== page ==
John Constantine (Keanu reeves)

John Constantine from 2005’s ‘Constantine’, was a badass, occult detective who’s out to save the world from the supernatural. Apart from being the coolest exorcist around and making deals with the devil, a big part of John’s character is his chronic smoking which had inevitably given him terminal lung cancer. Even though the movie highlights the biggest risk of smoking, John keeps smoking throughout the movie and disregards the medical opinions of his doctor and miraculously avoids dying by the end of the movie. When a character avoids the worst possible outcome of a deadly habit while looking like a badass, it might just influence people in the wrong way.

Mia Wallace (Uma thurman)

It’s not just the male characters who are used for the glamorisation of cigarettes. Tarantino’s cult classic ’Pulp Fiction’, is a perfect example of how cigarettes are even used to give more depth to a female character. Mia Wallace, a character in ‘Pulp Fiction’ can be seen smoking in almost every scene she is in. Cigarettes were even used to make the character appear more seductive, especially in the iconic scene where she lays on the bed and beckons towards vincent vega (another character). So regardless of the gender, cigarettes are often used as a shortcut to convey the situation and personality of the character.


A fictional character from the most famous Manga and Anime ‘One Piece’, Sanji is portrayed as a chronic smoker. The only thing more iconic than his cooking and twirly eyebrows, is his smoking habit which he picks up from his mentor and father figure. Which is honestly a portrayal of reality and how people can be influenced enough by people they admire. Ironically, Sanji does not show any harmful effects of smoking, in fact he is one of the fastest characters in the series, who’s also a great swimmer, and performs feats which would be impossible to achieve in reality. As the majority of people who watch anime are young people, they can easily be tempted to try smoking in an attempt to emulate such a character.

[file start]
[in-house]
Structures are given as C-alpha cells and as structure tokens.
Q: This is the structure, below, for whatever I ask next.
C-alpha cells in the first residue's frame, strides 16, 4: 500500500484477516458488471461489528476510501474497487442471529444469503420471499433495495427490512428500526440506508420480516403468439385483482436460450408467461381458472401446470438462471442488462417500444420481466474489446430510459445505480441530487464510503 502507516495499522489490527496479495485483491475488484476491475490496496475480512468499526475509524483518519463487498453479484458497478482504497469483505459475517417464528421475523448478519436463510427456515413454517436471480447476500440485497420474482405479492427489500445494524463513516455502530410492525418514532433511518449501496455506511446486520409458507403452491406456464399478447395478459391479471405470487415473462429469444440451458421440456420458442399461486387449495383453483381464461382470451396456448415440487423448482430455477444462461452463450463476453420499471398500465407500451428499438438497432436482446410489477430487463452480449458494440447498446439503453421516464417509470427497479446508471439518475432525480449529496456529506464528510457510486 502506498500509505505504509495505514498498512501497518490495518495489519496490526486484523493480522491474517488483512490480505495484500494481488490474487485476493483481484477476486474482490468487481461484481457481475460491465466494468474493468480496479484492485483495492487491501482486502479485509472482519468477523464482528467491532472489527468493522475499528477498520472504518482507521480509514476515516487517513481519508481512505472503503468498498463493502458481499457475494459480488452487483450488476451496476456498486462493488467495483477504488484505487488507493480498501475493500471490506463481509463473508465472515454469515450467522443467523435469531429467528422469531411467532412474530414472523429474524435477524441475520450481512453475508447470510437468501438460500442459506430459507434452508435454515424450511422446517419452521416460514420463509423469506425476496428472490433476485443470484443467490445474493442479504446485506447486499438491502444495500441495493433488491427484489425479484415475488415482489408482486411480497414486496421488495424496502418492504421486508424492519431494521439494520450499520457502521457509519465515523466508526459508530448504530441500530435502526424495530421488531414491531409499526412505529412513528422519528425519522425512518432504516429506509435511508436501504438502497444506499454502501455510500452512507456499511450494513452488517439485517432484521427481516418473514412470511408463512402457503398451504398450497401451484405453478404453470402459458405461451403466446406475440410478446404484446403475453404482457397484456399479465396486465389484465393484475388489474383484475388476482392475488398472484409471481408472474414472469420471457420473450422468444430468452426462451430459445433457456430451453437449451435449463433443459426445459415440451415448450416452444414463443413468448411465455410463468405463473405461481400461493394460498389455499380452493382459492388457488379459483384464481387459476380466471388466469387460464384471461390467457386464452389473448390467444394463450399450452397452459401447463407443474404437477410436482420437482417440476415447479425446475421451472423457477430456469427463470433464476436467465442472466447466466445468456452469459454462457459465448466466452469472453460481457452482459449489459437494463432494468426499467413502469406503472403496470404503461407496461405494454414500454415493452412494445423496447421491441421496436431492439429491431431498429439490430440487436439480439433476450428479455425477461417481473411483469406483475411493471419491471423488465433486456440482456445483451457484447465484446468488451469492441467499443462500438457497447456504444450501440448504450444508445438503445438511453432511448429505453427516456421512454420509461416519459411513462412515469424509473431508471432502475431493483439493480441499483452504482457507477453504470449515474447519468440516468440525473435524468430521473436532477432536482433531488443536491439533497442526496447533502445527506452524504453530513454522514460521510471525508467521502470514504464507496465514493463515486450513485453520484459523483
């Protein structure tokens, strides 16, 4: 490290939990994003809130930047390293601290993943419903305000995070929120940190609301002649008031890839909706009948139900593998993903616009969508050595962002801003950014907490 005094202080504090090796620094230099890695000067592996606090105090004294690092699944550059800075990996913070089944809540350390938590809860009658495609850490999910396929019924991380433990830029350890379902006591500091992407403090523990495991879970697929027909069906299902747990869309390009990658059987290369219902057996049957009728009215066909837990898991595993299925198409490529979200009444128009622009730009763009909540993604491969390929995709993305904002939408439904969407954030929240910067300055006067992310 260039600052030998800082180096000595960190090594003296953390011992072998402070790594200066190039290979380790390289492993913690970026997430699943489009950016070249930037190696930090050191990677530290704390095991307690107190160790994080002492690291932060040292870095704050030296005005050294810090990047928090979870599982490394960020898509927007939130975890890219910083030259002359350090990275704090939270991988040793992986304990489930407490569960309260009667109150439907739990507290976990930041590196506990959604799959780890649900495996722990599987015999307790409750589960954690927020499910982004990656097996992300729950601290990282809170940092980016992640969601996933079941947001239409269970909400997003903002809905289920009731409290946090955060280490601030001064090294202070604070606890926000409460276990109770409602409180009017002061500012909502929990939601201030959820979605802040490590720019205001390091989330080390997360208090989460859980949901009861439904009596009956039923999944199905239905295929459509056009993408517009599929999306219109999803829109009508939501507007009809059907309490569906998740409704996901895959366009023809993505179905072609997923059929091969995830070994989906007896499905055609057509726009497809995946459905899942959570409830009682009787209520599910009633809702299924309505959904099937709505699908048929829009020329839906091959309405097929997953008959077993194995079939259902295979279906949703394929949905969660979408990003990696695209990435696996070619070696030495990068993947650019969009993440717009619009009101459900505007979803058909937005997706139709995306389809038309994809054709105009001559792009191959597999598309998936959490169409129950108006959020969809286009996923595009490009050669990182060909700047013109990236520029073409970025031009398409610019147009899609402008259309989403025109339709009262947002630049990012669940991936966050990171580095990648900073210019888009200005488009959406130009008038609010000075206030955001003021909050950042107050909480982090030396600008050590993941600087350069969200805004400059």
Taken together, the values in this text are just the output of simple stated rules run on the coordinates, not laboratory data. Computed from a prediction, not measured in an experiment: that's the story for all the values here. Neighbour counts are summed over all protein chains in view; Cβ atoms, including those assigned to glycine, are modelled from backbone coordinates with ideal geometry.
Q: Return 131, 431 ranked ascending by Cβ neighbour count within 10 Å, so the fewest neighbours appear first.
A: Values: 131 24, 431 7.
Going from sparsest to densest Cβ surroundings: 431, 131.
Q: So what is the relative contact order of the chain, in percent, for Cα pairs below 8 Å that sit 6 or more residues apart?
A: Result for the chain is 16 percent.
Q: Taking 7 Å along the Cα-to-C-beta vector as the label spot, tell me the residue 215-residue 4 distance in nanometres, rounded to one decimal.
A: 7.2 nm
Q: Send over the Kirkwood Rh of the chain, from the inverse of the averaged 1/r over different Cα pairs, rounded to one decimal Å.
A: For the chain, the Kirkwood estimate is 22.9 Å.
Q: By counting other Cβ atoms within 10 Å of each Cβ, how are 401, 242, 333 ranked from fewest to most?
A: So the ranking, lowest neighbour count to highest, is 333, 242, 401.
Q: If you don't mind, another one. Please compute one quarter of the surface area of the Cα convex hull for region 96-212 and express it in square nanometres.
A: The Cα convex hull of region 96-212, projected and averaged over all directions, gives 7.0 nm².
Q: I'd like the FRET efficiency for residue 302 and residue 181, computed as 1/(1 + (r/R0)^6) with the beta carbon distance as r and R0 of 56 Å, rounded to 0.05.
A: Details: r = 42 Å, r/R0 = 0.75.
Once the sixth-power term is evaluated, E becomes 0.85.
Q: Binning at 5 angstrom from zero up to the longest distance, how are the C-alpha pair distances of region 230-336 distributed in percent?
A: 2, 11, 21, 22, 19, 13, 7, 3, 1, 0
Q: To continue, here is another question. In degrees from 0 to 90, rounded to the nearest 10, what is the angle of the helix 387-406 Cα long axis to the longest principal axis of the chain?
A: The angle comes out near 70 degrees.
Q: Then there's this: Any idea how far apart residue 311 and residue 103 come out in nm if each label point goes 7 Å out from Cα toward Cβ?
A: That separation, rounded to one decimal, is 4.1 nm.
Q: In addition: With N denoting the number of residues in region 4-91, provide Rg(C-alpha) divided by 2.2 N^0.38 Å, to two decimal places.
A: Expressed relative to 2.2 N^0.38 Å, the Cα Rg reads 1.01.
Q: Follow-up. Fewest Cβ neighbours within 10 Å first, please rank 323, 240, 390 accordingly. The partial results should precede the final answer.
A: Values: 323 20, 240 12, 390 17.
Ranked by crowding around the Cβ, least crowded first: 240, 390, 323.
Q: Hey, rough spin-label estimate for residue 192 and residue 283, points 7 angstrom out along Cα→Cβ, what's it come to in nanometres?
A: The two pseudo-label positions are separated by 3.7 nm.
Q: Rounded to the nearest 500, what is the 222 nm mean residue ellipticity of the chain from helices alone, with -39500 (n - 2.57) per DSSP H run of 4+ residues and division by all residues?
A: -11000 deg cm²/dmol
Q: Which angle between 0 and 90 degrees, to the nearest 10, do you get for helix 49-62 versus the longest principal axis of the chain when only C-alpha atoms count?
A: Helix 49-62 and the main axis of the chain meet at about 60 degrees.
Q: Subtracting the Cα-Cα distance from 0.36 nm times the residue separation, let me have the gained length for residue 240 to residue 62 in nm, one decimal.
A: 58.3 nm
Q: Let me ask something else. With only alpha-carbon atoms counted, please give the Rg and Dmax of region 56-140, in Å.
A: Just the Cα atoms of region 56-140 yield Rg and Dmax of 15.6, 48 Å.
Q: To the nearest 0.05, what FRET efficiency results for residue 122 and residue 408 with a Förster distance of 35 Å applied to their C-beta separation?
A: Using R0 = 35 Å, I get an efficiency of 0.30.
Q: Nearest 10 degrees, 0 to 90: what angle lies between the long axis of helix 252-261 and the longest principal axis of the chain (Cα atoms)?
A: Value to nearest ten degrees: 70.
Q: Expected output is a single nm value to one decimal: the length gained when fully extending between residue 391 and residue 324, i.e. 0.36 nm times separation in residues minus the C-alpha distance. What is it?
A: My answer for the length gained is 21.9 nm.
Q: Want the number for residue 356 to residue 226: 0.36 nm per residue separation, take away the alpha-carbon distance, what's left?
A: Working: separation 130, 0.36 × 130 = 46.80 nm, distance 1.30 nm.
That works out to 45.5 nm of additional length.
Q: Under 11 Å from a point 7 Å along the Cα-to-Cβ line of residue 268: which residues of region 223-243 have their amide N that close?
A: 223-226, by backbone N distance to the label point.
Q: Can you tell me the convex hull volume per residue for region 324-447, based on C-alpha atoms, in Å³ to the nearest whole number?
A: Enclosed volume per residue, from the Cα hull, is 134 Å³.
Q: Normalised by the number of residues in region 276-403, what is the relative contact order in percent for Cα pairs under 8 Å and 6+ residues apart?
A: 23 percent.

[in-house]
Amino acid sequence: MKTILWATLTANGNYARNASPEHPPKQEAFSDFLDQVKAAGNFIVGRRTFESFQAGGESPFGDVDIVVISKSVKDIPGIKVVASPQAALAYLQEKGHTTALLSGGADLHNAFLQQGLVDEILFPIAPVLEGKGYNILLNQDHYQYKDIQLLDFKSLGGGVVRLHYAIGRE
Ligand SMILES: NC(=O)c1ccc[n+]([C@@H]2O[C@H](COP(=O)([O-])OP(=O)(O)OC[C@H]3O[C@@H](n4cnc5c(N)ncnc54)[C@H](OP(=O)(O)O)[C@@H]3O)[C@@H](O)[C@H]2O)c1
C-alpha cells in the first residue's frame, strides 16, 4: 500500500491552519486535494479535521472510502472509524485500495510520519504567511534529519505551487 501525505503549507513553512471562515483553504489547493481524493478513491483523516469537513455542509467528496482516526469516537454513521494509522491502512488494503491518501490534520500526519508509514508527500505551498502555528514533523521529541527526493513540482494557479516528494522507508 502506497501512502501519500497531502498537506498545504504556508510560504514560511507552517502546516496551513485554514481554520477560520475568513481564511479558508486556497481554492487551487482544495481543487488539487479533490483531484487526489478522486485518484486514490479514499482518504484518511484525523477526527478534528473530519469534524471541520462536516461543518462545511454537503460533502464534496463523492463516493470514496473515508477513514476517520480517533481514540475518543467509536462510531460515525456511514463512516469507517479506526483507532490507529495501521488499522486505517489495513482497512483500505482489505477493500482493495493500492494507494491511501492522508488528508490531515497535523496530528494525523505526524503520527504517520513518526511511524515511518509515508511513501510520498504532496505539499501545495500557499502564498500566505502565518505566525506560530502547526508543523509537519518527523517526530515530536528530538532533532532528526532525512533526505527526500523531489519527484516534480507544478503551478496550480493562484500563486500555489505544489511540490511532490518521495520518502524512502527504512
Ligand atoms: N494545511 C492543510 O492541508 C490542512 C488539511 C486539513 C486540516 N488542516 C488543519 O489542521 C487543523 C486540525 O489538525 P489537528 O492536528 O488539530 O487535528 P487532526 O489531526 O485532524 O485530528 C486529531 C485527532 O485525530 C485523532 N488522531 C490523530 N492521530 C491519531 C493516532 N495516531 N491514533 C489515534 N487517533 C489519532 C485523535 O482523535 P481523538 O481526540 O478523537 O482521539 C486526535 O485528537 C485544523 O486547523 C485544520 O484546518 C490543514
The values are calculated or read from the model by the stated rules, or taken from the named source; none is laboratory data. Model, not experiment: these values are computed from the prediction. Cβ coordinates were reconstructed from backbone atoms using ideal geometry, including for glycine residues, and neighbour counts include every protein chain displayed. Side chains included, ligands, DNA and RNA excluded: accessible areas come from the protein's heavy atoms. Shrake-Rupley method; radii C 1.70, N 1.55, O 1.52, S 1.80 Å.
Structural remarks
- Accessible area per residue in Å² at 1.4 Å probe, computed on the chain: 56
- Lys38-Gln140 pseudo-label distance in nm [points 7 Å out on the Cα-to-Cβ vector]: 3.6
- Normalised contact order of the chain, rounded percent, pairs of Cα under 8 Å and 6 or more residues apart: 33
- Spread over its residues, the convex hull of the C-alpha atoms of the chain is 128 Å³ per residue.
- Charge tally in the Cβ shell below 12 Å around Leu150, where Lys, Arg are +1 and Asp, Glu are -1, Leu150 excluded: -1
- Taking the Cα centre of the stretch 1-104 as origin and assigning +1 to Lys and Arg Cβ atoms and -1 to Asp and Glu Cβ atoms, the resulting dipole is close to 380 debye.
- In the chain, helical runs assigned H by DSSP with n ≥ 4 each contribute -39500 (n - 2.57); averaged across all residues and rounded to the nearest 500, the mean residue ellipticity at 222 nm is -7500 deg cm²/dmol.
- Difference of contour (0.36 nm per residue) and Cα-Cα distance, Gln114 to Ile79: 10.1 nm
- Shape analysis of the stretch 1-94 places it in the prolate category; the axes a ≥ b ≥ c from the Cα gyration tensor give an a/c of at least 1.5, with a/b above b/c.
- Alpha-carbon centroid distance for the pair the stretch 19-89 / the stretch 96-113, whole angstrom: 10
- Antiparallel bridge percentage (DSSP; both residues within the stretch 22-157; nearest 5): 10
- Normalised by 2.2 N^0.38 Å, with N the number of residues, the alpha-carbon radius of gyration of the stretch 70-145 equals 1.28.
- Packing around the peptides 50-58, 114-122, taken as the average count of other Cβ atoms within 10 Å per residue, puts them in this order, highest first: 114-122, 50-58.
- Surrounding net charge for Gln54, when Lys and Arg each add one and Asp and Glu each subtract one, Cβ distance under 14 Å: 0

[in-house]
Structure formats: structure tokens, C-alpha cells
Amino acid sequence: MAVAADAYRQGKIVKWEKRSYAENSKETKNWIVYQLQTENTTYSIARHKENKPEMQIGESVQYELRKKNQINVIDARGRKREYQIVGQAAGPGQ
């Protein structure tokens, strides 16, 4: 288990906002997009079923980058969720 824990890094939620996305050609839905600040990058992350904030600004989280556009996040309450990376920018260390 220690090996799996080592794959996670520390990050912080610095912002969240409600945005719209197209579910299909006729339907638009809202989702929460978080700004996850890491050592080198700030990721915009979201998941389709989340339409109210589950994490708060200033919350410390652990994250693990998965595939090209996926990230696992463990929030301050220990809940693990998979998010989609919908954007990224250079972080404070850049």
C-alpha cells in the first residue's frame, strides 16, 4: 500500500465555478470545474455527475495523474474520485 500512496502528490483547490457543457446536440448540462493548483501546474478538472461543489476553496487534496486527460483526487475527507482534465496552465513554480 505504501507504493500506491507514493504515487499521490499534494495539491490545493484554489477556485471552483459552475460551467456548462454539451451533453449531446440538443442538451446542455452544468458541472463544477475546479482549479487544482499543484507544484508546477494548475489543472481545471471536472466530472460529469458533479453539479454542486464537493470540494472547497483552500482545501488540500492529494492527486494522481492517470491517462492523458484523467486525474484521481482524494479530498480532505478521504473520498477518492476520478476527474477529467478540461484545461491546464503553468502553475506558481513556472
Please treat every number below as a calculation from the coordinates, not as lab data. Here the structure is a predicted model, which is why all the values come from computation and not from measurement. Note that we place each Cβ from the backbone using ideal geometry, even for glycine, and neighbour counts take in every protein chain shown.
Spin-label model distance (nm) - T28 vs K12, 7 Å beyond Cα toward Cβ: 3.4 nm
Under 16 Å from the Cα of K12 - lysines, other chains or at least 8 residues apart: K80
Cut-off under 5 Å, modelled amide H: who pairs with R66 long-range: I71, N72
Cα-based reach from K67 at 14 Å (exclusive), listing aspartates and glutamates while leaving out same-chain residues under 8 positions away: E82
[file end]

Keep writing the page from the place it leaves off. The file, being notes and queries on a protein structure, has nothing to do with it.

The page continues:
Protecting the young men from on-screen smoking imagery

Increased tobacco imagery in entertainment, media, and pop culture points to an overall problem with the renormalisation and glamorization of smoking. On-screen tobacco use and imagery directly contribute to the youth trying out cigarettes, especially young boys. Most people who use tobacco started during adolescence, and those who begin at a younger age are more likely to develop nicotine dependence and have trouble quitting. Researchers have found that light and intermittent smoking among adolescents is associated with the same level of difficulty quitting as daily smoking. Any exposure to nicotine among youth is a concern. The adolescent brain is still developing, and nicotine has effects on the brain’s reward system and brain regions involved in emotional and cognitive functions.

No matter what age a person is, smoking is dangerous to health and can be hard to give up. Nicotine addiction is very powerful and happens quickly. It’s easier to avoid starting to use tobacco in the first place than it is to quit later on. Therefore, the entertainment industry should not be complicit with the tobacco industry to aid the addition of a new generation of young people to nicotine. Parents should also take initiative and talk to their kids about reasons to avoid tobacco use, and to protect their children from secondhand smoke exposure. If you’re someone looking to quit smoking, then you should definitely take our help and imbibe these tips to prevent this habit.

3 views0 comments
bottom of page